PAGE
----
…the significance of AFA, for Birchall, was that it performed a subterranean ‘holding operation’ that postponed the ‘inevitable’ breakthrough of the British far right for some fifteen years. Whilst Birchall admits that trying to objectively quantify the impact of anti­fascism is difficult because ‘it is attempting to prove a negative’ (p. 23), he makes the more valid point that only after the ‘militant foot’ was removed from the BNP’s ‘fascist neck’ did ‘the latter bloom(s) politically’ (p. 23). ‘That is to say, the authority previously exerted by militant anti­ fascism on events becomes that much clearer by what happens after it is no longer the foremost influence’ (p. 23)

In the first section of the book, Birchall chronicles the roots of AFA in the anti­fascist squads of the 1970s Anti­Nazi League. The story moves on in the second section to AFA’s 1985 launch before (interspersed with colourful descriptions of low­level clashes with fascist opponents) it recounts internal organisational squabbles between moderate and militant anti­fascists. In the end, the militant wing won out.

In 1989 AFA re­launched as a militant anti­fascist organisation that specifically targeted the white working class, a constituency that AFA believed formed the recruiting ground for Britain’s far right. For sure, as recent studies have revealed, it has been this constituency that has largely comprised the social bases of BNP electoral support. AFA’s objective was now essentially twofold: to defeat or contain fascist activity in white working ­class neighbourhoods through physical confrontation; and to convince this constituency that its interests could not be satisfied through organisations like the BNP. The third and final section covers the period between 1990 and the mid­1990s when the BNP finally decided (coming under sustained pressure from AFA) to abandon the streets, which then forced AFA to overhaul its anti­fascist strategy

At the end of the book Birchall seems to bemoan the absence of militant opposition to the BNP, ‘Sooner rather later’, he declares, ‘a progressive left will have to declare outright war on conservative anti­fascism too’ (p. 397). But what Birchall advocates is not necessarily a return to physical force anti­fascism. Instead he calls on the wider left to ditch the sterile politics of mainstream anti­extremism, offer a real (socialist) alternative, and finally bring the ‘marginalised working class in from the cold’ (p.403).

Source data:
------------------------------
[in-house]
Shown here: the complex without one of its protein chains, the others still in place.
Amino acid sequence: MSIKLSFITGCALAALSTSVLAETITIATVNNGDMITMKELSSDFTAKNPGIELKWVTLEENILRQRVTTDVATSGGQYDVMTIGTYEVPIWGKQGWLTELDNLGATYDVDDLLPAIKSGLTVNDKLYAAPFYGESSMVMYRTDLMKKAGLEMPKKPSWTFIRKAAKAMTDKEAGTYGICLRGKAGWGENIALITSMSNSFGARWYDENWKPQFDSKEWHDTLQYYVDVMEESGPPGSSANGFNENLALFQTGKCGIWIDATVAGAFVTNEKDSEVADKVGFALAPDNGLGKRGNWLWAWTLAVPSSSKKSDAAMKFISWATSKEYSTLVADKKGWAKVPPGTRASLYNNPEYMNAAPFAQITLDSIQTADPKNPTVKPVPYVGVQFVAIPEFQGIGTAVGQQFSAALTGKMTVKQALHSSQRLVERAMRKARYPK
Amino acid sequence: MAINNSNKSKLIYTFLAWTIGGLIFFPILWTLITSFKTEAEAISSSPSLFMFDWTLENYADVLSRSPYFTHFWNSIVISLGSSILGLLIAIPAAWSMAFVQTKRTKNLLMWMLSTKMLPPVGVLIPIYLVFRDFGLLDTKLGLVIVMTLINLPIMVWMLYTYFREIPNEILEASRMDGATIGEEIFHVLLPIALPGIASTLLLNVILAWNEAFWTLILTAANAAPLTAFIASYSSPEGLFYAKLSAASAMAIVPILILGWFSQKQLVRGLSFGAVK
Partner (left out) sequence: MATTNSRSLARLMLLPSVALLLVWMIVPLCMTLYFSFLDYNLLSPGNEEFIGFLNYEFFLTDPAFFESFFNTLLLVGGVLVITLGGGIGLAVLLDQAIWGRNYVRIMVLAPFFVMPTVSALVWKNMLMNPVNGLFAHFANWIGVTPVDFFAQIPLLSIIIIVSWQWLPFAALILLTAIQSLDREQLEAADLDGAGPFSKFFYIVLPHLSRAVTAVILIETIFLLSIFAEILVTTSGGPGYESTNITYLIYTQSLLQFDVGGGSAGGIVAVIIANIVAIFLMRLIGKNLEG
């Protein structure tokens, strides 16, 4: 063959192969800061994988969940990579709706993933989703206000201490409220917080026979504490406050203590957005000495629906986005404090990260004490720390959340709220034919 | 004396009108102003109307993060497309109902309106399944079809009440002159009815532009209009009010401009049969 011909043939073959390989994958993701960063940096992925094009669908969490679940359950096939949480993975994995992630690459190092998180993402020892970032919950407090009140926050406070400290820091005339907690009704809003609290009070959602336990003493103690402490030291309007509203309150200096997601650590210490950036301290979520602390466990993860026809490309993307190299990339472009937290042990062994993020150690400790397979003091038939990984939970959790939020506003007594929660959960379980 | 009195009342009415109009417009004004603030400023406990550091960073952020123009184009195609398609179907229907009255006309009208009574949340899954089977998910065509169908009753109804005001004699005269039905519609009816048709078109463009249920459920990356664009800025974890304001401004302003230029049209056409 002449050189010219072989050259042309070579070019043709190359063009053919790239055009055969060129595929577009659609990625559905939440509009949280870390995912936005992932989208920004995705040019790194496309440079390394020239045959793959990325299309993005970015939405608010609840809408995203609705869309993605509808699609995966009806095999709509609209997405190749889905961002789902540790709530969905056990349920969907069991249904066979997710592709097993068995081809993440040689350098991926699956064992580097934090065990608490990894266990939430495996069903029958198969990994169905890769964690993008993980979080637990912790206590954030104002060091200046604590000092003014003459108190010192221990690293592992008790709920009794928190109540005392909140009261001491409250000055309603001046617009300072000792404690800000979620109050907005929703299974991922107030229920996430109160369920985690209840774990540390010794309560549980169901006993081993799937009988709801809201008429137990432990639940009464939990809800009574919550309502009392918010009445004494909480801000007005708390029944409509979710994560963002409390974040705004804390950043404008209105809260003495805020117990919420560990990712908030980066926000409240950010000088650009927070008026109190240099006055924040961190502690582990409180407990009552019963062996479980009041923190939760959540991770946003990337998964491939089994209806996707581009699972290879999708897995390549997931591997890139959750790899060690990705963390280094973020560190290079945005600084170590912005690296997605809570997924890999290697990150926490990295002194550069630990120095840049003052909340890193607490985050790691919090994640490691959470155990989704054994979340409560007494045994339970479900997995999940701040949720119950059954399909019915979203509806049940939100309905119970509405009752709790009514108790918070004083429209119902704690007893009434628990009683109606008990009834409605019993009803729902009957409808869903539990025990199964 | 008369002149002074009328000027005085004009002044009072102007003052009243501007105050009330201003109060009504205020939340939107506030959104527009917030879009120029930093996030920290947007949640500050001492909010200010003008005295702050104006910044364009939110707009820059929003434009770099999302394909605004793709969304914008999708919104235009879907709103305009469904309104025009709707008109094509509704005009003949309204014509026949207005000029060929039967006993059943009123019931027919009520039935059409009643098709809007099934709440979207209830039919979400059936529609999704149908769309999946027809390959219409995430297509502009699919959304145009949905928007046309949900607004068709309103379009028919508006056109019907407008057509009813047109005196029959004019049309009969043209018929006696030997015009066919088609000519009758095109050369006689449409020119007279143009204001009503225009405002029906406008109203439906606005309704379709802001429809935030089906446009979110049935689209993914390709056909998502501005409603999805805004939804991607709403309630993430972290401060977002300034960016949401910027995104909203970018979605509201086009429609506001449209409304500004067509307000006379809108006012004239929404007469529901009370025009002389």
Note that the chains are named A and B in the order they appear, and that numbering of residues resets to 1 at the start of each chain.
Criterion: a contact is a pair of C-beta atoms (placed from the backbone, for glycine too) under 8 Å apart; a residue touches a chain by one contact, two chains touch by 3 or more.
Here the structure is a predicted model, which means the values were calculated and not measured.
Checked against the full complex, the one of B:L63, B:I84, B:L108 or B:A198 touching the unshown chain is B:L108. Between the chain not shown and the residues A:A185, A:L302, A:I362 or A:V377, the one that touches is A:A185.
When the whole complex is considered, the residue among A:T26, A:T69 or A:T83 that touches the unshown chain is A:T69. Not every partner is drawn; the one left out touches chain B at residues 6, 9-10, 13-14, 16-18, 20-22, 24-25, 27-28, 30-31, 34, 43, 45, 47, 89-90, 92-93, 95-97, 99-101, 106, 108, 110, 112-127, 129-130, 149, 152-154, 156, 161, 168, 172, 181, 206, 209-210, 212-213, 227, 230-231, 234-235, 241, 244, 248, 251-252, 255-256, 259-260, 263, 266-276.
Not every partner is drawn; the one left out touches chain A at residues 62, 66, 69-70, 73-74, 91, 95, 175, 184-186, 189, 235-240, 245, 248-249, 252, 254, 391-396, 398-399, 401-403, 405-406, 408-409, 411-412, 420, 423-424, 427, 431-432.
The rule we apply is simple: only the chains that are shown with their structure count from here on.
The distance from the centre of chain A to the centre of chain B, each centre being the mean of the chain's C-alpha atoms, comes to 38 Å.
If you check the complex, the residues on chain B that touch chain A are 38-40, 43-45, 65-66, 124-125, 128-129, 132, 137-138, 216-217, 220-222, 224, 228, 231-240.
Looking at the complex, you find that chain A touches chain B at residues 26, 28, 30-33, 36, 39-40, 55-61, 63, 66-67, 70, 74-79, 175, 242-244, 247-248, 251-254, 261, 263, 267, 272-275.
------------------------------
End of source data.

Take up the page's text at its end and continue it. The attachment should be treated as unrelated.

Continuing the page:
Whilst one may have some reservations about the book’s theoretical and intellectual contribution, in telling the (untold) story of AFA from the inside, Birchall has nonetheless performed a valuable service. What Birchall’s insider account reveals is that militant anti­ fascism unquestionably had an impact on the BNP’s organisational and strategic development ­ – a point that activists from existing anti­fascist organisations, such as Unite Against Fascism (and indeed some academics), are reluctant to concede.

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Review: Huddersfield University – Journalism and Media Newsroom

Excerpts from a review by Huddersfield University – read the full review here

While there is some history that is widely known and even taught in schools, other pieces of history slip behind us almost unnoticed, apart from by the people involved. Until the writing of this book, the story of Anti Fascist Action was one of those types of history.The book tells the story of Anti Fascist Action’s longterm street war against the far right.

The author goes into detail not just about where and how, but also why. And puts forward a strong defense of AFA’s activities as a vital component in defending democracy. The political analysis in the book is just as detailed and written with no less passion than the more physical parts. Birchall not only makes a strong case for militant antifascism’s success on its own terms, he also suggests that AFA were the first to recognise the danger posed by the BNP’s move towards electoral politics. And explains how AFA moved to community politics in an effort to counter that.

The book is also an important attempt to chronicle a previously untold historical struggle.Recommended, for both academic and casual readers.

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Review: Red Pepper

Excerpts from a review by Red Pepper – read the full review here

Beating the Fascists is a highly readable and uncompromising account of two decades of militant anti-fascism with important lessons for today.

The book is a real page-turner, but it’s not for the faint-hearted. The description of the often brutal treatment of the fascists at the hands of the militants is graphic to the point of absurdity at times

There is a sense of setting the record straight: principally in Birchall’s argument that AFA, and the militant anti-fascism it espoused, had the most devastating impact on fascism in mainland Britain in the period and that it directly contributed to the BNP’s eventual retreat, in the mid 1990s, from the Mosleyite dogma of the necessity of controlling the streets.

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Review: Freedom Newspaper

Excerpts from a review by Freedom Newspaper- read the full review here